Treatment with ketamine

At the end of the behavioral study, animals were tested following the administration of ketamine. This short term evaluation was performed as a preliminary study, planned uniquely to be indicative of the potential therapeutic value of ketamine. Importantly, the operator was blinded to the treatments (type of drug and dose given) administered to the animals. The rats from the sham and the collagenase groups received IP injection of ketamine (100 mg/mL; Vetalar Bioniche Animal Health, Belleville, ON) at 1, 10 and 25 mg/kg on days 28, 30 and 32 post-surgery respectively. Behavioral tests started 30 min after the injection of the ketamine solution.

Histological methods

Under deep isoflurane anesthesia, the abdominal cavity was opened and the abdominal aorta was clamped. Rats were perfused with an intracardiac infusion of first a physiological dextrose-sucrose solution (100 mL/rat; solution composition (1 L) : 8 g NaCl, 4 g dextrose, 8 g sucrose, 0,23 g calcium chloride), followed by a 10% buffered formalin solution (100 mL/rat). The brains were removed and fixed in formalin for a minimum of 48 h prior to being embedded in paraffin. Transverse sections (4 μm thick) from the thalamus were made using a microtome. The sections were stained with hematoxylin and eosin and cresyl violet using standard methods. Immunohistochemistry for glial fibrillary acidic protein (GFAP) was performed prior to microscopic evaluation. Polyclonal antibodies were obtained from BioGenex Laboratories (San Ramon, CA). The immunoglobulin fraction was composed of rabbit antisera diluted in PBS (pH 7.6) in 1% bovine serum albumin. Antibodies were stained with a commercially available immunoperoxidase procedure (Vectastain ABC kit, Vector Laboratories, Burlingame, CA). In addition, positive and negative controls for all brain slices were provided for proper identification of reactive astrocytes. Sections were reviewed by a board certified pathologist (Dr Pierre Hélie DVM, DACVP, Department of Veterinary Pathology, University of Montreal).

Bioanalytical methods

At the end of the study (day 35), 6 rats (3/dose) were used to measure plasmatic concentrations of ketamine following an IP administration of 10 or 25 mg/kg. Under isoflurane anesthesia for a short period of time (less than 2 min), jugular blood samples (0.5 mL) were collected in sodium heparin tubes at 30 min, 1 and 2 h post injection. Blood samples were maintained on ice and centrifuged (3200 g for 10 min) within 30 min of collection. They were then stored at −80°C pending analysis by tandem liquid chromatography-mass spectrometry.

The analysis of ketamine was performed using a high performance liquid chromatography tandem mass spectrometer (HPLC-MS/MS). Briefly, the HPLC system consisted of a Perkin Elmer Series 200 (Boston, MA, USA) and a SCIEX API 2000 QTRAP hybrid MS system (AB Sciex, Concord, ON, Canada). Data acquisition and analysis were performed using analyst 1.5 (Concord, ON, Canada) and PRISM version 5.0 d) GraphPad software (La Jolla, CA, USA). Calibration curves were calculated from the equation y = ax + b, as determined by weighted (1/×) linear regression of the calibration line constructed from the peak-area ratios of the drug and the internal standard. Ketamine was extracted from rat plasma using a protein precipitation method. Fifty μL of each sample was mixed with 250 μL of internal standard solution (100 ng/mL of dextromethorphan in 50:50 acetone : methanol) in a 1.5 mL centrifuge tube. Samples were centrifuged at 12 000 g for 10 min and 200 μL of the supernatant was transferred into a 400 μL injection vial. The chromatographic separation was performed using an isocratic mobile phase with a Thermo Hypersil Phenyl 100 × 2 mm (5 μm) column. The mobile phase consisted of acetonitrile, methanol and 0.5% formic acid in water at a ratio of 60:20:20, respectively. The flow rate was fixed at 0.3 mL/min. Two μL of the extracted sample was injected and the total run time was set to 3 min. The mass spectrometer was interfaced with the HPLC system using a pneumatic assisted electrospray ion source. The Nitrogen gas 1 was set to 25 PSI, the Nitrogen gas 2 was set to 40 PSI and the electrospray electrode was set to 4000 V. The declustering (DP) potential was set to 15 V and the collision energy (CE) was set to 30 V. The selected reaction monitoring (SRM) transitions were set to m/z 238 → 163 and 272 → 215 for ketamine and dextromethorphan (internal standard) respectively. The dwell time was set to 150 msec and the pause time at 5 msec. For the bioanalytical method performance, a linear regression (weighted 1/concentration) was judged to produce the best fit for the concentration-detector relationship. The analytical ranges used were from 10 to 2 500 ng/mL. Observed coefficients of determination (R2) were ≥ 0.9913. The precision obtained ranged from 10.1% - 13.8% for and the accuracy observed was 97.0% - 104.3%. The limit of quantification was set at 10 ng/mL, according to the bioanalytical validation guideline published by the FDA, acceptable precision and accuracy results were achieved.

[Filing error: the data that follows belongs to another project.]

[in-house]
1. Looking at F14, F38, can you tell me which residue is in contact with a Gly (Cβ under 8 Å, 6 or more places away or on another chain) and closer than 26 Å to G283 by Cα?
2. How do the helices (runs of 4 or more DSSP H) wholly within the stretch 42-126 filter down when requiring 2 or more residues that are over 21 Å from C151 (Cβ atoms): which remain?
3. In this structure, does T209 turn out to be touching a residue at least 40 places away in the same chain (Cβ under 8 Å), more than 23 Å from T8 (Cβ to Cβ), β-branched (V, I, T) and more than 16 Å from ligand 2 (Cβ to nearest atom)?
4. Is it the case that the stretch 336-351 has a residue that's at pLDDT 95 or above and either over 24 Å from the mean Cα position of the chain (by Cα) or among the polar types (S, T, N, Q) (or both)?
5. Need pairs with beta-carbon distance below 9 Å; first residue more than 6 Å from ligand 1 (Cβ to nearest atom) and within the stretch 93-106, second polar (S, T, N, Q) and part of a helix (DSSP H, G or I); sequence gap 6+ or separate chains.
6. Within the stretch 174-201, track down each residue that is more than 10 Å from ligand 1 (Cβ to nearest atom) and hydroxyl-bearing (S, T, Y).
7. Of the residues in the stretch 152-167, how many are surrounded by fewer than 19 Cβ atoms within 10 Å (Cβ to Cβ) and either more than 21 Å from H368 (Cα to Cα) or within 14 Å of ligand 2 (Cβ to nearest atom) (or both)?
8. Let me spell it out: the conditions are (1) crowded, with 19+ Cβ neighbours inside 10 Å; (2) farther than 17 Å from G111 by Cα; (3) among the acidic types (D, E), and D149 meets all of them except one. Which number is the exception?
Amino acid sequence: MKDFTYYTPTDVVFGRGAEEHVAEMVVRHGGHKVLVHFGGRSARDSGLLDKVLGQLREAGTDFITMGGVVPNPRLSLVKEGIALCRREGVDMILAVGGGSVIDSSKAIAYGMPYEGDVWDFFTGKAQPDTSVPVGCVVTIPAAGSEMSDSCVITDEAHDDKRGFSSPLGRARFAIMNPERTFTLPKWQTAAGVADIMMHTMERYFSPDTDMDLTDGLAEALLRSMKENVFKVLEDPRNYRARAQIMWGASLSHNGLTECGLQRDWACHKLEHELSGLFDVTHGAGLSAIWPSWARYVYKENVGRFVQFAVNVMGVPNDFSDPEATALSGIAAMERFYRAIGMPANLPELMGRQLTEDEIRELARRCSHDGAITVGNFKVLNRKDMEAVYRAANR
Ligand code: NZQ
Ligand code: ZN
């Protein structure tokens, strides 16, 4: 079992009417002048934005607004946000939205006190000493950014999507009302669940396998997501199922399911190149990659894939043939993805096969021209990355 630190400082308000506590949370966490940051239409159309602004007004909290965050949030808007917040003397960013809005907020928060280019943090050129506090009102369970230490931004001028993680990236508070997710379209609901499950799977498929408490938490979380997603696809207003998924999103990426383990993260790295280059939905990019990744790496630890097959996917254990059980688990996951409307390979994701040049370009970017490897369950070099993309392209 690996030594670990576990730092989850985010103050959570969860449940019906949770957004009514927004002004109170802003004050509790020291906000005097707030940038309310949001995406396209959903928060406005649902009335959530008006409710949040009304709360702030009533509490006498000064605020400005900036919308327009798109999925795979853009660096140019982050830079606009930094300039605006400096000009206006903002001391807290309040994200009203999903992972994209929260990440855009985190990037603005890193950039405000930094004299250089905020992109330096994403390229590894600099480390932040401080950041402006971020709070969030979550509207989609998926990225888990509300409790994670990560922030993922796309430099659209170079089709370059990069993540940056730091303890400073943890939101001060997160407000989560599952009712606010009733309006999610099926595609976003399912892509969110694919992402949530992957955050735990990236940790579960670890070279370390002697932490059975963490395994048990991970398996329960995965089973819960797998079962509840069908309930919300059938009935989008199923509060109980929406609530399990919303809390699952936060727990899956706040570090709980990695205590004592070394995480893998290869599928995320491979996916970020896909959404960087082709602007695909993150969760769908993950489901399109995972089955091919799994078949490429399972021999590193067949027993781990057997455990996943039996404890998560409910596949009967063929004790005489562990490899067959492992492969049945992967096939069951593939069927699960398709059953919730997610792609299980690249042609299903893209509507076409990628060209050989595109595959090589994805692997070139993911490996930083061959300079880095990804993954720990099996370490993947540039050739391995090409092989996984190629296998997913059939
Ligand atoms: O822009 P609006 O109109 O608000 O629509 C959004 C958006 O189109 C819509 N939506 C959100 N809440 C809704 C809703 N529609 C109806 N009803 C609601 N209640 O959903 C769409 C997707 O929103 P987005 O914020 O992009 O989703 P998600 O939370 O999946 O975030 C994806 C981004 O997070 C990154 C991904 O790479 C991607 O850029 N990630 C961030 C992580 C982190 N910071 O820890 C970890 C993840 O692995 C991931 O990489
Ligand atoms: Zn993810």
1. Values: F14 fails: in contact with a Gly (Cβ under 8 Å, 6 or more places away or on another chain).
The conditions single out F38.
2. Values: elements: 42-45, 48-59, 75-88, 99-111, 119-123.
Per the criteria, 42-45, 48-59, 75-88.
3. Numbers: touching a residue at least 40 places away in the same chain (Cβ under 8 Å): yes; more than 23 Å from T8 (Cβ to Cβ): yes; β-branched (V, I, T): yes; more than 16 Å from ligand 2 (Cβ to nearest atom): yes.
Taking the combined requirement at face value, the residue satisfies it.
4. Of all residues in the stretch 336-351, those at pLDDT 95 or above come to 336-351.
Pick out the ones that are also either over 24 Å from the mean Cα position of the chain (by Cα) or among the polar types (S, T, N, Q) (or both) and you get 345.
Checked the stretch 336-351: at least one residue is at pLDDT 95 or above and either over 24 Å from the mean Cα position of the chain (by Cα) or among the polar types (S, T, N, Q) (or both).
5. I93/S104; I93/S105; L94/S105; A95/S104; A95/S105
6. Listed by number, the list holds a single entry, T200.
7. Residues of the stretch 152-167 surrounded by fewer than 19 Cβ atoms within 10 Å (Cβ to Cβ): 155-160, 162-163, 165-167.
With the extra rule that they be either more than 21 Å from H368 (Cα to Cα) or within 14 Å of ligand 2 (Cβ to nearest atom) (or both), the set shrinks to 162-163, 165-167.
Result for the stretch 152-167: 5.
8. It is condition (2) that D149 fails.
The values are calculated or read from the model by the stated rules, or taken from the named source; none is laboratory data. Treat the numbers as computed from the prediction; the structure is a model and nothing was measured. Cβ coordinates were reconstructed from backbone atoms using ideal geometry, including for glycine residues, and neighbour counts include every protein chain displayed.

Statistical analyses

The statistical analyses of behavioral data were conducted using a 2-way ANOVA with repeated measures and post hoc Tuckey tests performed with SAS (version 9.2, SAS Institute, Cary, NC, USA). For evaluation of cold allodynia, Cochran-Mantel-Haenszel test for ordinal data was used. For the ketamine behavioral results t-test were used to compare shams to controls. Results are presented as means and standard errors of the mean. Analyses revealing p values < 0.05 were considered statistically significant.

Abbreviations

CPSP: Central post stroke pain; VPL: Ventral posterolatreal nucleus; IP: Intra-peritoneal; HPLC-MS: High performance liquid chromatography tandem mass spectrometer; NMDA: N-methyl-D-aspartate.

Competing interests

The authors declare that they have no competing interest.

Authors’ contributions

AC: animal experimentation, analysis and interpretation of the data, writing of manuscript. PH: histopathology, manuscript review. FB: analysis of ketamine by LC-MS/MS, manuscript review. PV: obtained funding, study design, supervised the experimentation, interpretation of the data, manuscript writing. All authors read the final version of the submitted manuscript.

Acknowledgments

This study was supported by the Fond de Développement pour la Médecine des Animaux de Laboratoire. We want to acknowledge Guy Beauchamp for statistical analyses as well as Marie-Thérèse Parent and Danielle Veilleux for cresyl violet stainings.